Lauren Sardi: Because you are both very prolific and very public, you have become extremely prominent in the field and to many, you represent the contemporary face of arts-based research. As someone who believes in the importance of public intellectuals what does that mean to you?

Patricia Leavy: I think of my work as contributing to a larger body of work and the ABR movement as a whole. That carries real meaning for me and focuses me on the work at hand, whether it is something I may be writing or a space I am trying to create for others to showcase their work.

I think when I say I am invested in the ABR movement and see my work as contributing to that larger project, it may seem like something that someone just says and thus doesn’t carry the intended weight but I mean this in a serious way. Consider if someone says that are committed to a social movement of some kind, such as civil rights, we don’t question that the focus isn’t on their individual work but rather this far greater and more important project to which they are contributing. To say I am committed to the ABR movement is not just to say I am invested in some academic trend or what have you. I view my commitment to arts-based research with the same intensity that I view my lifelong commitment to the feminist movement and lives of girls and women. As we grow the arts-based research movement and aim to imbue it with legitimacy across the research landscape, and indeed something that more students are taught and more researchers practice, I believe there are meaningful consequences at stake. The way we think, learn, share and challenge ideas; none of this is trivial. We are talking about what counts as knowledge, how that knowledge comes to be, who is included in the process, what is funded, and how we teach and learn, which impacts who gets to learn and what they learn. All of this is complicit in how power operates on many levels and whether or not research remains in the hands of a few or if becomes accessible to the many. Let’s not forget that a heterosexist white supremacist research system created many of the methods and funding standards that are viewed as “legitimate” but what might those ways of knowing prevent us from seeing and who is excluded from those knowledge practices? So I very much see my work as a part of this larger project. I am in community with many others who are also doing all they can to contribute to the field. Our community just lost a giant with the passing of Elliot Eisner and I think we all feel that we want to honor his legacy through our continued efforts. Whatever attention comes my way I try to direct to the issues at hand. So I am grateful for any attention my work receives and opportunities I have to advance the field that many have built and remain dedicated to.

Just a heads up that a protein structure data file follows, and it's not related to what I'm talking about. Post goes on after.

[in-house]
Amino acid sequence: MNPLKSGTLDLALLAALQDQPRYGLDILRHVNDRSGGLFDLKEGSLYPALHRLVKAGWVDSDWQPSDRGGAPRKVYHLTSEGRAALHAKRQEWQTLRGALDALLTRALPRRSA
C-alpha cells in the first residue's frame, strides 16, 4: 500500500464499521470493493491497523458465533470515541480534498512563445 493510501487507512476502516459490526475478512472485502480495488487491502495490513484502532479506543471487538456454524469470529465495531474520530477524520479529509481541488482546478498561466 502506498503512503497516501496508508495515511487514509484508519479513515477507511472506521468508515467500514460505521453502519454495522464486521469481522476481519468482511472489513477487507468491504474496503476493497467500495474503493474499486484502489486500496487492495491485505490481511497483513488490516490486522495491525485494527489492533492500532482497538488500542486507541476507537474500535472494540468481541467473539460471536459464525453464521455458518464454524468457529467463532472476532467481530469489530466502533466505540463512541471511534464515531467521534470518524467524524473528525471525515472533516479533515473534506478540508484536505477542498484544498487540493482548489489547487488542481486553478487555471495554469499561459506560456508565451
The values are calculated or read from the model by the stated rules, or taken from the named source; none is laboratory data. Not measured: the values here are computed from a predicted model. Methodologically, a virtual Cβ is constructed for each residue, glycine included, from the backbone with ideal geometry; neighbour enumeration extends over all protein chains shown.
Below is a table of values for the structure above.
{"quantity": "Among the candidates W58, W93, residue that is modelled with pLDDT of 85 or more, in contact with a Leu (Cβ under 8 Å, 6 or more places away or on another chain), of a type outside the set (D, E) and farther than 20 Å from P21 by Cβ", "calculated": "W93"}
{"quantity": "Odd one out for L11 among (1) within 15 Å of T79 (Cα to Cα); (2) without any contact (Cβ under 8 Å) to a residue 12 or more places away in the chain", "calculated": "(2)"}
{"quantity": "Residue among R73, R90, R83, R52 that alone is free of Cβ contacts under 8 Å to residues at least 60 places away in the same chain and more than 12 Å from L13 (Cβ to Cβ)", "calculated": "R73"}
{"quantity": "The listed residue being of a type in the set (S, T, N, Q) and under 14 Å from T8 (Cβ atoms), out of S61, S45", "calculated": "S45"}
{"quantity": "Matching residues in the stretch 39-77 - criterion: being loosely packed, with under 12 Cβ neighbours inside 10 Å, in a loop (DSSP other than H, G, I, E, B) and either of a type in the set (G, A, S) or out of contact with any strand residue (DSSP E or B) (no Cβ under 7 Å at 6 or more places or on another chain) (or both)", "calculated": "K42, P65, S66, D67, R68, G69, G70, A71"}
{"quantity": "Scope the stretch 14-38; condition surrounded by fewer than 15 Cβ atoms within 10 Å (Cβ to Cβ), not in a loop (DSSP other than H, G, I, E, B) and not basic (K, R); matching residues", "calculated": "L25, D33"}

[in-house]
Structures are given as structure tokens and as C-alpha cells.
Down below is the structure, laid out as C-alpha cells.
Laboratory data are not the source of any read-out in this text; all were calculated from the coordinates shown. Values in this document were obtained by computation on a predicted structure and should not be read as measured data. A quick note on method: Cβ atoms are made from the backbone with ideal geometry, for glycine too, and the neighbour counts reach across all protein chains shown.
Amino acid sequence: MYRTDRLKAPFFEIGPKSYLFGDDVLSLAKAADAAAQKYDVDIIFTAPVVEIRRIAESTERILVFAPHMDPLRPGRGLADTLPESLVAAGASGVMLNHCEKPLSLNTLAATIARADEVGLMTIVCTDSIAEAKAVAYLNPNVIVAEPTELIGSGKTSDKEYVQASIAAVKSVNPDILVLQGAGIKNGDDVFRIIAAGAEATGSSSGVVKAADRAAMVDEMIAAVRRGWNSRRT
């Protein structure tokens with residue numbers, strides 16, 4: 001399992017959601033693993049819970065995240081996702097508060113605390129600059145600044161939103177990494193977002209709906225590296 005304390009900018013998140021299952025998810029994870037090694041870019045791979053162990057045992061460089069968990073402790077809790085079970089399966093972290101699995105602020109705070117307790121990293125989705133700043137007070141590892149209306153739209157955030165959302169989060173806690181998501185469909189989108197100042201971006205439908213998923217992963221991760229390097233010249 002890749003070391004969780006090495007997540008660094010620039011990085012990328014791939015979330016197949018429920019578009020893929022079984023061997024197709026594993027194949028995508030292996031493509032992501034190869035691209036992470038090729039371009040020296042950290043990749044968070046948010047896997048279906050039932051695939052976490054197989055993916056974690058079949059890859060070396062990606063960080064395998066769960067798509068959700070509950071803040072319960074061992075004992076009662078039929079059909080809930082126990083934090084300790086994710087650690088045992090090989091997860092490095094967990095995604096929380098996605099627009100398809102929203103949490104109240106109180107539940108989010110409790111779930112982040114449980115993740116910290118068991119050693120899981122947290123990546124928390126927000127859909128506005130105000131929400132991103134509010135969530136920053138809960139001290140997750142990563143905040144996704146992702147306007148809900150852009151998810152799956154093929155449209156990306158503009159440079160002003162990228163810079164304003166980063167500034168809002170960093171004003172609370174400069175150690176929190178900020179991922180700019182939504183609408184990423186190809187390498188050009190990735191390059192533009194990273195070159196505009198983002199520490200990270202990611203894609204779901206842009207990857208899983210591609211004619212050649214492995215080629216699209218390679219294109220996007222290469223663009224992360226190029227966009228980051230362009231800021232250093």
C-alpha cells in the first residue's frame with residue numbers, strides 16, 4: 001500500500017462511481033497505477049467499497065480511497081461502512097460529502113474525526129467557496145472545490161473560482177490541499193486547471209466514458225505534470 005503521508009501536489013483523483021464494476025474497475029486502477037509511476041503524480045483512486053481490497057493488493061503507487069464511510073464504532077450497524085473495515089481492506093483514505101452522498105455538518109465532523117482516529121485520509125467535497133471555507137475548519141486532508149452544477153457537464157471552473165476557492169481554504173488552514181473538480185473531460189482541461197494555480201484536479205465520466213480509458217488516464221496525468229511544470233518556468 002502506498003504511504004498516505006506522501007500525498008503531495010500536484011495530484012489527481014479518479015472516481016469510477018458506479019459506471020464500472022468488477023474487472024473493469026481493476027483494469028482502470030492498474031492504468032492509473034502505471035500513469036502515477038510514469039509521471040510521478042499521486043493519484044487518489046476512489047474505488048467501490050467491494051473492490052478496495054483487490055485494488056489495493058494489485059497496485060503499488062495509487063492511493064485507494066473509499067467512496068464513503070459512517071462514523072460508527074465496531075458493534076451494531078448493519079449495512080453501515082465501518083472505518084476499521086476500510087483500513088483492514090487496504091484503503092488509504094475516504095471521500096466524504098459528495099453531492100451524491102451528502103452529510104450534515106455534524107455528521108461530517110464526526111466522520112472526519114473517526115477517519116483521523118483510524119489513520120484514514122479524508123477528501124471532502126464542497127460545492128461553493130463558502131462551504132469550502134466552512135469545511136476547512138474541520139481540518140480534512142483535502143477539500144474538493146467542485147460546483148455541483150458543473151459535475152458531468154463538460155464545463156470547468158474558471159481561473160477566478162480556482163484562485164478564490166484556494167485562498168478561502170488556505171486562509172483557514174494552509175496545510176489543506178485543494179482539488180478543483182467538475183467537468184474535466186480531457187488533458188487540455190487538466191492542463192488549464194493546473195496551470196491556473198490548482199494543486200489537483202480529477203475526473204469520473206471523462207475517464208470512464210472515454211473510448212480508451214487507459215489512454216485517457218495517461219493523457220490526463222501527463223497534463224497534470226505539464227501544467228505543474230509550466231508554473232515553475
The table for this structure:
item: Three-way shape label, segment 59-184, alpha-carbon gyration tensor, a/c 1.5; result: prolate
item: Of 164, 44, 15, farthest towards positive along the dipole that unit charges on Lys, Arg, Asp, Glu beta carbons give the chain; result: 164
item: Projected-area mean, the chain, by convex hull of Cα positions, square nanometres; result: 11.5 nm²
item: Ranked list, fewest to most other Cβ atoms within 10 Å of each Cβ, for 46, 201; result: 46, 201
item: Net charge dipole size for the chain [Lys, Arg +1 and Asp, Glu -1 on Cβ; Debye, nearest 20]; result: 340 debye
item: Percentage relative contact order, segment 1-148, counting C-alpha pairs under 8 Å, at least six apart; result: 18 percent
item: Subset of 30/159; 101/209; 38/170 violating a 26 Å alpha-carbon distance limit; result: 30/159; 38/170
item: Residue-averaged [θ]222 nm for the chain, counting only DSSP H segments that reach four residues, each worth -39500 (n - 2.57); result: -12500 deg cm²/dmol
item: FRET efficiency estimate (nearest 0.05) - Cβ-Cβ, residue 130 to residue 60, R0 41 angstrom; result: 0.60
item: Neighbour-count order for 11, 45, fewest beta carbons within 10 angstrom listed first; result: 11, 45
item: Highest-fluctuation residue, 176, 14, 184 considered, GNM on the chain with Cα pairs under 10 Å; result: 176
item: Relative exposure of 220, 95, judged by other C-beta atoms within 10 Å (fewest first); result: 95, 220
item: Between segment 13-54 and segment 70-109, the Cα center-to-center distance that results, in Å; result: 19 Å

Lauren Sardi: What do you want sociologists who are unfamiliar with ABR to know about it?

Patricia Leavy: It is both rigorous and fun. Any notions that it is somehow easier or less serious than other methodologies are totally false. Like anything else, done well, it is very demanding. But it can also be incredibly engaging not just for audiences, but for the practitioner. People are often afraid to say their work is fun, as if it will take credibility away from it, as if we should all aim to do work we don’t enjoy because somehow that makes it better. Being creative and learning to speak to different audiences is incredibly rewarding. And at the end of the day, I would encourage people to think about the impact of their work and the issue of audience. It simply doesn’t make sense to me, particularly in a field like sociology, to spend one’s work life doing research that will be read by 5 or 6 other people. If someone reading this is unfamiliar with ABR I urge you to read about it to see if it has applications for your research, your teaching or your students’ research.


Patricia Leavy, PhD is an independent scholar and novelist, formerly Associate Professor of Sociology, Founding Director of Gender Studies and Chairperson of Sociology & Criminology at Stonehill College. She has published a dozen non-fiction books including Method Meets Art: Arts-Based Research Practice, Essentials of Transdisciplinary Research: Using Problem-Centered Methodologies and Fiction as Research Practice and the novels American Circumstance and Low-Fat Love. She is the editor for four book series with Oxford University Press and Sense Publishers. Please visit www.patricialeavy.com for more information. For information on the Social Fictions series visit: https://www.sensepublishers.com/catalogs/bookseries/social-fictions-series/ Patricia’s two ABR novels are available with automatic free shipping at www.sensepublishers.com

Lauren Sardi, PhD. is an assistant professor of sociology at Quinnipiac University in Hamden, Connecticut.